208.639.7724

Thom and Dave go over some of the reasons that it is so important to find a real estate agent that is a good fit for you and some of the non-financial benefits of home ownership. Wondering what buying a home in 2019 looks like? Ron Wieczorek from Movement Mortgage is here to enlighten us.

Plus, we have a very special guest in the studio today! Dan Wydner from Eagle Eye, LLC is here to talk about roofs! He is one of our trusted preferred vendors and he has some winter weather tips for keeping your roof in good shape.

 

Segment 1


Dave Burnett: This is the Idaho Real Estate Buzz. He is Thom Dallman, the co-owner, also an associate broker at Core Group @ eXp Realty. CoreGroupRealty.com the website, 208-933-7777, that is the phone number for you to dial. You know Thom, we've talked a lot about as we come into Spring, don't wait until Spring, don't wait for that, the Crocuses to bloom.

Thom Dallman: Exactly.

Dave Burnett: To sell your home. You need to get it, get the wheels rolling now.

Thom Dallman: Get the wheels rolling now. There's a lot of people find little projects and stuff that they want to do. When they consult with a real estate agent coming through their house, we kind of point out things that they can do to help it show better when it comes down to time to list, and to get people coming through the house to give it the best impression right away.

Dave Burnett: When you get that home inspection punch list, there will be things, I'm sorry, there will be things you need to do to your home to make sure that it's up to snuff and ready for the loan company to come up with a loan on it.

Thom Dallman: Exactly.

Dave Burnett: Don't wait until May, if you want to sell this Spring now is the ...

Thom Dallman: Talk to an agent now.

Dave Burnett: It's a great time to do that. In tune with that, we want to talk a little bit about one of the things you need as a real estate agent.

Thom Dallman: Yeah.

Dave Burnett: There are things to ask for.

Thom Dallman: Yeah, things that you should be asking for when you're interviewing real estate agents. More and more people are listening to us, and actually getting out there and interviewing different agents, and so forth. I've been on several listing appointments the last couple weeks, to which they even told me, "Hey, we're interviewing three to four agents. We just want to find that right fit for us," and so forth. I'm gearing up with all my, getting ready to answer those questions that pop up.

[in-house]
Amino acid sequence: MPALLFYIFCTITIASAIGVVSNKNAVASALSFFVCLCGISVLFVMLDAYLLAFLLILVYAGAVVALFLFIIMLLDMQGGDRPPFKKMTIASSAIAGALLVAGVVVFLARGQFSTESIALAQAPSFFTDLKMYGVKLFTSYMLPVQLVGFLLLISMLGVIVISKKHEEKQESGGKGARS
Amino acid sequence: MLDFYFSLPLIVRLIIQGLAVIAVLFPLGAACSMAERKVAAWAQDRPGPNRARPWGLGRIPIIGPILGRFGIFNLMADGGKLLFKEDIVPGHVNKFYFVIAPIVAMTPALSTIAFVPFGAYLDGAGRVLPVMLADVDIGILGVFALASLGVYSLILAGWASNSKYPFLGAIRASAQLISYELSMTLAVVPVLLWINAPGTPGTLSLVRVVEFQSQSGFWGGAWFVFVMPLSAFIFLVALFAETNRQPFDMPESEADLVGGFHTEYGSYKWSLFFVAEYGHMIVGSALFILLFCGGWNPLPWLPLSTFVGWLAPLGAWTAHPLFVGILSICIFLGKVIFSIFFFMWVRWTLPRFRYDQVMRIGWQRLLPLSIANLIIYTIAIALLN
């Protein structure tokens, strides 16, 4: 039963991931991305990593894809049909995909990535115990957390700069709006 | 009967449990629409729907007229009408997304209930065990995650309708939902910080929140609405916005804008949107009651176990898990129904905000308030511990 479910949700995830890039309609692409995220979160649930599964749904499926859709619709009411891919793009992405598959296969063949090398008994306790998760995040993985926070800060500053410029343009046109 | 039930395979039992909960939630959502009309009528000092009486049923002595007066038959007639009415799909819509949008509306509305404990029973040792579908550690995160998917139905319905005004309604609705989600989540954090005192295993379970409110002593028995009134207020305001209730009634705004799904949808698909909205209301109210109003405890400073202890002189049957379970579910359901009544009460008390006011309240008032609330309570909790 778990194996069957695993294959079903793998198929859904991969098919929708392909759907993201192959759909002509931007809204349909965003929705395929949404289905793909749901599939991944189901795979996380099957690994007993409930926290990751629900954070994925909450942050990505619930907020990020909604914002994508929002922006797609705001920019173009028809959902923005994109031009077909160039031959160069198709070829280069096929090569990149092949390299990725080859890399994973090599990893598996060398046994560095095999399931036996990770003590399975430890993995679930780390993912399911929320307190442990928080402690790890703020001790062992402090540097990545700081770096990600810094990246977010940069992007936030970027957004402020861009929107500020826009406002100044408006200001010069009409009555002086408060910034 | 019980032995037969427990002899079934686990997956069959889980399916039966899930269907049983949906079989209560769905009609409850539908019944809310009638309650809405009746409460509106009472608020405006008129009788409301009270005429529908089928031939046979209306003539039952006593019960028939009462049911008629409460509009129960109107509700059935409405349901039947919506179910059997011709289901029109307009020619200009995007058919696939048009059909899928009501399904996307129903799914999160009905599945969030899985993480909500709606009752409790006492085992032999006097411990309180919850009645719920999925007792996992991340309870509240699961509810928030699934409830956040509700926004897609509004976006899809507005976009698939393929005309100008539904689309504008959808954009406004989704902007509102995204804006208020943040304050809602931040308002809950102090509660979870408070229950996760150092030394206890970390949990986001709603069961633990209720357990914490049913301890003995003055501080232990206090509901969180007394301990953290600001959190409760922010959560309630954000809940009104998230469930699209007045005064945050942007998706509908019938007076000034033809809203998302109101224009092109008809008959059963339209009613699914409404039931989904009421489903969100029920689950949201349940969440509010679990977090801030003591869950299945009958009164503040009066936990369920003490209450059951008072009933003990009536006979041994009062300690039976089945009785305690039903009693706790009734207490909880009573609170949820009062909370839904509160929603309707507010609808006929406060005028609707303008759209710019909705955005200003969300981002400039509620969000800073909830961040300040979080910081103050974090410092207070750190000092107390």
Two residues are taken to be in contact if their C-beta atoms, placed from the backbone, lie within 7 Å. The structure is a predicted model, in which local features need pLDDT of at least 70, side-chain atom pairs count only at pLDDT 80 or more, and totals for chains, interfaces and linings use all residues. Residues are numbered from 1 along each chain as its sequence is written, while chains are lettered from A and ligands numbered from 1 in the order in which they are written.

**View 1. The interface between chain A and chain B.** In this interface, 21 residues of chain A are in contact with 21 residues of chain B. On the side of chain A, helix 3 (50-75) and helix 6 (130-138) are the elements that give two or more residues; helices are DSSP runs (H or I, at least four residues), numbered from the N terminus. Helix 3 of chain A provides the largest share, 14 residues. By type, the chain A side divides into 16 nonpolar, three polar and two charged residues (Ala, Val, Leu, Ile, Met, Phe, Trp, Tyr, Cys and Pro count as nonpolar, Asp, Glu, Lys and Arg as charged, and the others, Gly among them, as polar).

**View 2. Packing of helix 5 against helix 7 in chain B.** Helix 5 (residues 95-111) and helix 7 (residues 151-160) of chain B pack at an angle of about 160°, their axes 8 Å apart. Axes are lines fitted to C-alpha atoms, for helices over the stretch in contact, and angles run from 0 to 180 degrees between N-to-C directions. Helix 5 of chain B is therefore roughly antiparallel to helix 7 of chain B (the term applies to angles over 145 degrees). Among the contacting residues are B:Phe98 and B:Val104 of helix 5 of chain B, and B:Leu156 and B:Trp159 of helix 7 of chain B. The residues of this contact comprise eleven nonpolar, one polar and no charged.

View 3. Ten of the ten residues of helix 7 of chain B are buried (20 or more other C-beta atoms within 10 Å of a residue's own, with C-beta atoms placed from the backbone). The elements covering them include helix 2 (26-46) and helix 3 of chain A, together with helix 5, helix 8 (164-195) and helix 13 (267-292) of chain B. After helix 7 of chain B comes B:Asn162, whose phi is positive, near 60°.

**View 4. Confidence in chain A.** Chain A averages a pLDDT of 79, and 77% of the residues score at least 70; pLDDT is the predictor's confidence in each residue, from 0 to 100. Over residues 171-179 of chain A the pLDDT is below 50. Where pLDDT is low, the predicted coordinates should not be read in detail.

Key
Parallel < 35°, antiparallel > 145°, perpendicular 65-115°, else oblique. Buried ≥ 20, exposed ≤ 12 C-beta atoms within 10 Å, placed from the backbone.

Dave Burnett: Well, I mean the easy thing for you would be somebody to stumble in blind like, "Okay, I'll take you. I'll sign off."

Thom Dallman: Right.

Dave Burnett: As a consumer, the responsible thing to do is to interview to make sure the person that you have handling the biggest transaction of your life is the person you want.

Thom Dallman: Exactly, so it's very important to be asking those right questions, not just for you, but just for your sake of mind, knowing that agent is the right fit, knowing that trusted advisor that's going to help you with one of the biggest investments that you have is that right person that's going to go up to bat for you, be able to negotiate for you, and all that stuff.

Dave Burnett: Well let's play this game.

Thom Dallman: Sure.

Dave Burnett: I'm coming into Core Group @ eXp Realty, and I sit down across from you or one of your agents, what do I want to ask them?

Thom Dallman: Well, let's start with the very first question, what's your name. No, just kidding. I had to throw that in there. No, I would always ask, I think that the first question you want to ask is tell me a little bit about yourself and how long you've been in the business. What brought you into the real estate business? That's a question that not a lot of people think about, because there's a difference between an agent who got into the business because they had family members that had a house to sell, and "Oh, I got in part-time just to kind of do a couple of sales here and there and stuff like that," versus that agent that is passionate. You can tell the difference between the two about real estate, about helping people find that financial freedom that comes along with real estate.